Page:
Event report: THE SHALE GAS REVOLUTION – A blessing or a curse?

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THE SHALE GAS REVOLUTION – A blessing or a curse?

By: Alexandra Dumitru

The exploration of unconventional energy sources such as shale gas was made possible by a new technology called hydraulic fracturing or fracking. Wide experimentation in the United States has made exploration of shale resources commercially feasible and brought about the shale (gas) revolution in the United States. According to an article published on 5 May 2013 in the Financial Times, the United States is expected to become a net exporter of gas by 2020 now the Obama administration has expressed its support towards exports. The main questions arising from the developments in the US revolve around the impact of shale gas exploration and the economic consequences for the rest of the world. Will shale gas be a global game changer? Will it have a role in the transition of the power sector? Can exploration be executed without major environmental impact?

On May 24th 2013, YES-DC invited three experts with very different backgrounds and perspectives on the topic in an attempt to answer some of the questions above: Henk Duyverman, director at Cuadrilla Resources Netherlands, Jeroen de Joode, Researcher and Gas Coordinator at ECN Policy Studies and Ko van Huissteden, Chairman of Shale Gas Free Netherlands and associate professor at the VU University Amsterdam, Faculty of Earth Science. The event was held at the Academiegebouw in Utrecht and was marked by a fairly high number of participants (46), illustrating the relevance on the topic within the energy industry.

A short introduction of YES-DC was followed by Henk ’s presentation. The main goal of his presentation was to explain the technical details of hydraulic fracturing and reassure everyone that the method is not dangerous for the environment or human establishments as long as it is done appropriately (according to the most stringent safety and environmental standards). Cuadrilla only works according to such standards and uses the newest technology to limit any impact of drilling activities. Therefore, their operations should not be compared to what has taken place in the United States so far. Henk also zoomed in on the documentary Gasland and explained why the arguments used against shale gas exploration in the documentary are not plausible.

The floor was given to Jeroen who focused on the impact of shale gas on the European energy market and the role gas can play in the transition of the energy sector. Based on the (economic) analysis of several scenarios, Jeroen concluded that shale gas will not be a game changer in Europe, not from the energy dependency perspective, not for the transition of the power sector.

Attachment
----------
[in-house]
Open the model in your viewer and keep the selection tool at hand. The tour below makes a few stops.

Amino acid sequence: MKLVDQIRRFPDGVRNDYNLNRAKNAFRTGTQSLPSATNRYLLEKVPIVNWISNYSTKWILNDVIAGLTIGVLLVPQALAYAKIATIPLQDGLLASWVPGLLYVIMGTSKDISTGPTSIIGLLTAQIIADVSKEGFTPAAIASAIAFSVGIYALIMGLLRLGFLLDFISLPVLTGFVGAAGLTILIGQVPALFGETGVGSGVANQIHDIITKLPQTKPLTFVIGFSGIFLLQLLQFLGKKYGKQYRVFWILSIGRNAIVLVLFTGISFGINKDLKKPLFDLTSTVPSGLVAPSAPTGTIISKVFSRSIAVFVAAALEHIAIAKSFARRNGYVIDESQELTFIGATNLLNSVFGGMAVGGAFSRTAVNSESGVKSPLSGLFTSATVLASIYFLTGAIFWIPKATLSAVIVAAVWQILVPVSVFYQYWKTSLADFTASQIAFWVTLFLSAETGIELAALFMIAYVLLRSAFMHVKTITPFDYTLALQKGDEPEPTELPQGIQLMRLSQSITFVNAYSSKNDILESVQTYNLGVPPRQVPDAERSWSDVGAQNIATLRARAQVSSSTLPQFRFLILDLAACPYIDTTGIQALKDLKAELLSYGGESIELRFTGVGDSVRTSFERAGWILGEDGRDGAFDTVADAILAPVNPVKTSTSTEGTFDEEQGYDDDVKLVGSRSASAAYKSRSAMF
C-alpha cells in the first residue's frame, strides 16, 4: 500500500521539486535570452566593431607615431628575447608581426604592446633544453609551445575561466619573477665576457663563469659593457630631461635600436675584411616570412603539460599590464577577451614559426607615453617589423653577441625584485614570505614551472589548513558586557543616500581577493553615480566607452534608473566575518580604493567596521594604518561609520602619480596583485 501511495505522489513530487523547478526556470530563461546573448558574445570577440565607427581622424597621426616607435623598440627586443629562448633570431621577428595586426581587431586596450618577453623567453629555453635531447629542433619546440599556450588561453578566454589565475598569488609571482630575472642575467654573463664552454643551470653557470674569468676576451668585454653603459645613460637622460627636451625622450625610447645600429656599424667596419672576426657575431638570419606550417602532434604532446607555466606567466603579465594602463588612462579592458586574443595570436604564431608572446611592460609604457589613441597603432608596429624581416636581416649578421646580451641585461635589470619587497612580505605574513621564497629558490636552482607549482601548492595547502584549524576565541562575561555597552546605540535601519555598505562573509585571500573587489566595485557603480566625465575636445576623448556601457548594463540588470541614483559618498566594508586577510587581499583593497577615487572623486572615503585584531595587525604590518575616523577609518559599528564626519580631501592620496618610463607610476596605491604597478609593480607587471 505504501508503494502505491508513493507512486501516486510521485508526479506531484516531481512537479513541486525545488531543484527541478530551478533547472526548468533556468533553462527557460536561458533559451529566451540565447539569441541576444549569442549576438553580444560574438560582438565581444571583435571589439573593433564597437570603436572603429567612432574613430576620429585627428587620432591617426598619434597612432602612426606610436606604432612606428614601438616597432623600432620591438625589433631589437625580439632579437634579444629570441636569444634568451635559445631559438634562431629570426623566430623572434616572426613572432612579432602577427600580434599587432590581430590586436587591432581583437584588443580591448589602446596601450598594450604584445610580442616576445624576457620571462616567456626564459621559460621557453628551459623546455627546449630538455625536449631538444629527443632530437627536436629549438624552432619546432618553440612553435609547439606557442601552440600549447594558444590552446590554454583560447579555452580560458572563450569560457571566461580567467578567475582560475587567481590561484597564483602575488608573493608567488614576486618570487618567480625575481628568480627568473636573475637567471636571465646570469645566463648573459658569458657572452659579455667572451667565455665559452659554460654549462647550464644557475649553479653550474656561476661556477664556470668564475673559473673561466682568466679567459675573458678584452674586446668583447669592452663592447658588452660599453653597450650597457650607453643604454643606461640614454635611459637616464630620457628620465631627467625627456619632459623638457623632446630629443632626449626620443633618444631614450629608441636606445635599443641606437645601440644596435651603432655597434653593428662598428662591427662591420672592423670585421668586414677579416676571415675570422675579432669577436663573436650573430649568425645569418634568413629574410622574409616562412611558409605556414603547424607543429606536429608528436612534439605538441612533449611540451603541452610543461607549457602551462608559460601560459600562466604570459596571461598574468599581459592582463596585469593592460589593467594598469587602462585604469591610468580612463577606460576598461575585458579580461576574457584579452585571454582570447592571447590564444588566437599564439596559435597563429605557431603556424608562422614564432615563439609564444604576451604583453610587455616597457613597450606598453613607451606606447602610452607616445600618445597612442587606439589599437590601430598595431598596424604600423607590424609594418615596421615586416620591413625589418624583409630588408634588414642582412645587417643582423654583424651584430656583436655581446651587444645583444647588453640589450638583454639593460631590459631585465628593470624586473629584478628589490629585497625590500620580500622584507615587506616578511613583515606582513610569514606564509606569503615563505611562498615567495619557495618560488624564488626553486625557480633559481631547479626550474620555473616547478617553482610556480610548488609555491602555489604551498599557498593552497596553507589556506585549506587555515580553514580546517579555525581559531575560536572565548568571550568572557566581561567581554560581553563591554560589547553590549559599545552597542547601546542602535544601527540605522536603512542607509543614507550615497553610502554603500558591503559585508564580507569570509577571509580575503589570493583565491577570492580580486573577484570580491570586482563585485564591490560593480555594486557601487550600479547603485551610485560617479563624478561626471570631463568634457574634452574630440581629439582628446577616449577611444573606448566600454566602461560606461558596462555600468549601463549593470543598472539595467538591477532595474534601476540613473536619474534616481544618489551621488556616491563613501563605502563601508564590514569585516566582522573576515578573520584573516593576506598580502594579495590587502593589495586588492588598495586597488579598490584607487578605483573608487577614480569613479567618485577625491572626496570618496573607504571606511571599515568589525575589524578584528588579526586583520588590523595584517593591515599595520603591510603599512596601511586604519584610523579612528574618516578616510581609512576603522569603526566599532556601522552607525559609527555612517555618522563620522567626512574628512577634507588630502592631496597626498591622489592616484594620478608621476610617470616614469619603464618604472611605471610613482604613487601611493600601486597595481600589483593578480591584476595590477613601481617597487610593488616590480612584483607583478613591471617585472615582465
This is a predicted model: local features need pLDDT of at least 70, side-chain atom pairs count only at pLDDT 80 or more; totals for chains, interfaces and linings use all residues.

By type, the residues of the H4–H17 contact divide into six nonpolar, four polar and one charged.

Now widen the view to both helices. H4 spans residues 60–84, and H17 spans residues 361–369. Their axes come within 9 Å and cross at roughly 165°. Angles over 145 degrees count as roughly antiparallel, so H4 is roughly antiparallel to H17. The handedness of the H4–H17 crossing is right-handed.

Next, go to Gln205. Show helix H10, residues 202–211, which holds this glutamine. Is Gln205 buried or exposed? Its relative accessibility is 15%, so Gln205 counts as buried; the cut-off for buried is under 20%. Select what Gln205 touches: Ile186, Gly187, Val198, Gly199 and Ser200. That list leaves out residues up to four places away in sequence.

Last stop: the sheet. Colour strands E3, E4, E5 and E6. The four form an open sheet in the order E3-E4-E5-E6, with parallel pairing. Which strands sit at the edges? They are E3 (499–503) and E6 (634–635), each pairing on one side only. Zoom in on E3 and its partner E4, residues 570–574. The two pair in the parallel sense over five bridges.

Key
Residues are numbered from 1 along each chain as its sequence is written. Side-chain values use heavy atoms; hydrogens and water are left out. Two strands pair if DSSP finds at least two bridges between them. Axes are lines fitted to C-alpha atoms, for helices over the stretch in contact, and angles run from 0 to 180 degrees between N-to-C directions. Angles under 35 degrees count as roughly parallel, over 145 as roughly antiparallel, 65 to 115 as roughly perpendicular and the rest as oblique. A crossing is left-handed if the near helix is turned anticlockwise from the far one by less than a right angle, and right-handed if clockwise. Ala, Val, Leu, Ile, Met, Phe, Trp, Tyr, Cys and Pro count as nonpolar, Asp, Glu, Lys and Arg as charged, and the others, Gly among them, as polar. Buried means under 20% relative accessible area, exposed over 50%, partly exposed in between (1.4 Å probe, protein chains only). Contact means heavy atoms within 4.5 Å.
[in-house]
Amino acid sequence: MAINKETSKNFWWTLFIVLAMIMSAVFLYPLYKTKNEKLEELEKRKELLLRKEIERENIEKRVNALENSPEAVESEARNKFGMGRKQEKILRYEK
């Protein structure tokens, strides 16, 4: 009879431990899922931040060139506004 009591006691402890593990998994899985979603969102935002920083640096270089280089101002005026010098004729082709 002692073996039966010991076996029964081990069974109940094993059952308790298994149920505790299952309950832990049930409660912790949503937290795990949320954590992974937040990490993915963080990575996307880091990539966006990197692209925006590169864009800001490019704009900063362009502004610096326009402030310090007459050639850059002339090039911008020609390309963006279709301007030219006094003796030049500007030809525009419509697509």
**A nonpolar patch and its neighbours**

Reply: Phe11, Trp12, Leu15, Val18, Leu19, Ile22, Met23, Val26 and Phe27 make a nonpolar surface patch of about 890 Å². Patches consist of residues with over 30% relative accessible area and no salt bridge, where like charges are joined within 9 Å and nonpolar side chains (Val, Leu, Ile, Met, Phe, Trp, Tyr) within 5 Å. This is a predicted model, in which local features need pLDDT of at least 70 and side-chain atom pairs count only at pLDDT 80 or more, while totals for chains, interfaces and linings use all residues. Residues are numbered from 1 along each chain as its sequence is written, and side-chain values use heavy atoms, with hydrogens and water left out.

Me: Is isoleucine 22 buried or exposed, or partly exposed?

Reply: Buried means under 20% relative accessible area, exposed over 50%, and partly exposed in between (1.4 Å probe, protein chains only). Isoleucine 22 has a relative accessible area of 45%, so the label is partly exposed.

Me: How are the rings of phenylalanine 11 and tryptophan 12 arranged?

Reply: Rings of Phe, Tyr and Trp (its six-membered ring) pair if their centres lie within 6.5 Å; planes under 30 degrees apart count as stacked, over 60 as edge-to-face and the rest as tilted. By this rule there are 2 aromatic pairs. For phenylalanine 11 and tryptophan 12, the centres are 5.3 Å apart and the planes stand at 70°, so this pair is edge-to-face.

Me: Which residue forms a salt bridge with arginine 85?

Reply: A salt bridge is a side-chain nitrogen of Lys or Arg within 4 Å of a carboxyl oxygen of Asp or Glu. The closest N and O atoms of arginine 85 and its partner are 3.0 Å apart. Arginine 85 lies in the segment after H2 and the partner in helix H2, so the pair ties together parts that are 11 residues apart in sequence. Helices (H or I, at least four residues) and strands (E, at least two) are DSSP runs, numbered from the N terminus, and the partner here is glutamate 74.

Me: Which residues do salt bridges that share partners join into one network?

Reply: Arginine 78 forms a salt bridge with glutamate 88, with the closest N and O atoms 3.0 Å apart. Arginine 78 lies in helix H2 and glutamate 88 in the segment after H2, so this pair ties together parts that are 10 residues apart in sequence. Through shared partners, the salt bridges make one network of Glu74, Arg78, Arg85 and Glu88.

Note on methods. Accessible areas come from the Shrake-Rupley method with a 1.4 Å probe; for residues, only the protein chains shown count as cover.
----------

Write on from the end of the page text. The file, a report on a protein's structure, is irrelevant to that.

A short break was followed by the Ko ‘s presentation which focused on the negative impacts of shale gas exploration. Besides the usual direct impacts such as water pollution and earthquakes, Ko also highlighted the indirect effects such as the large scale industrialization around exploration sites. He further argued that shale gas is also not the right solution from an economic perspective or from the perspective of climate change policy.

The evening was closed with a 30 minutes debate which turned very lively due to the high degree of curiosity and criticism of the audience. Feedback indicated the event was well appreciated by all present.

For more information on the content of the evening, please find the three presentations below.

[message_box title=”HENK DUYVERMAN – Director at Cuadrilla Resources Netherlands.” color=”white”]
Henk had elaborated on the technical aspects of shale gas exploration, its commercial viability and its advantages.

Henk has 30 years of experience in the energy sector, specifically oil and gas. He previously worked for Statoil and Shell in various countries and the Geological Service of the Netherlands within TNO. He holds a PhD degree in Geology from the Open University of England.[/message_box]

[message_box title=”Jeroen de Joode – Researcher and Gas Coordinator at ECN Policy Studies. ” color=”white”]

Jeroen had discussed the market impact of the shale gas revolution in Europe and the Netherlands, and its role in the transition of the energy sector.

Jeroen has a background in economics (MSc from University of Tilburg in 2003, PhD from Delft University of Technology in 2012) and has been working for the Energy research Centre of the Netherlands (ECN) since 2004. Before joining ECN he worked for the Netherlands’ Bureau for Economic Policy Analysis (CPB) and the Dutch Energy Council. His main research interests are the long-term role of gas in energy transition and the functioning and regulation of gas markets.
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[message_box title=”Ko van Huissteden – representing Shale Gas Free Netherlands.” color=”white”]

Ko had braught arguments against the exploration of shale gas, both with respect to social and environmental aspects, as well as its role as a solution to climate change mitigation.

Ko is Chairman of Shale Gas Free Netherlands and associate professor at the VU University Amsterdam, Faculty of Earth Science. He holds a PhD in Physical Geography / Quaternary geology from VU University Amsterdam. Ko’s research actvities focus on carbon fluxes from wetlands with an emphasis on measurement and modeling of methane fluxes from permafrost areas at high northern latitudes.

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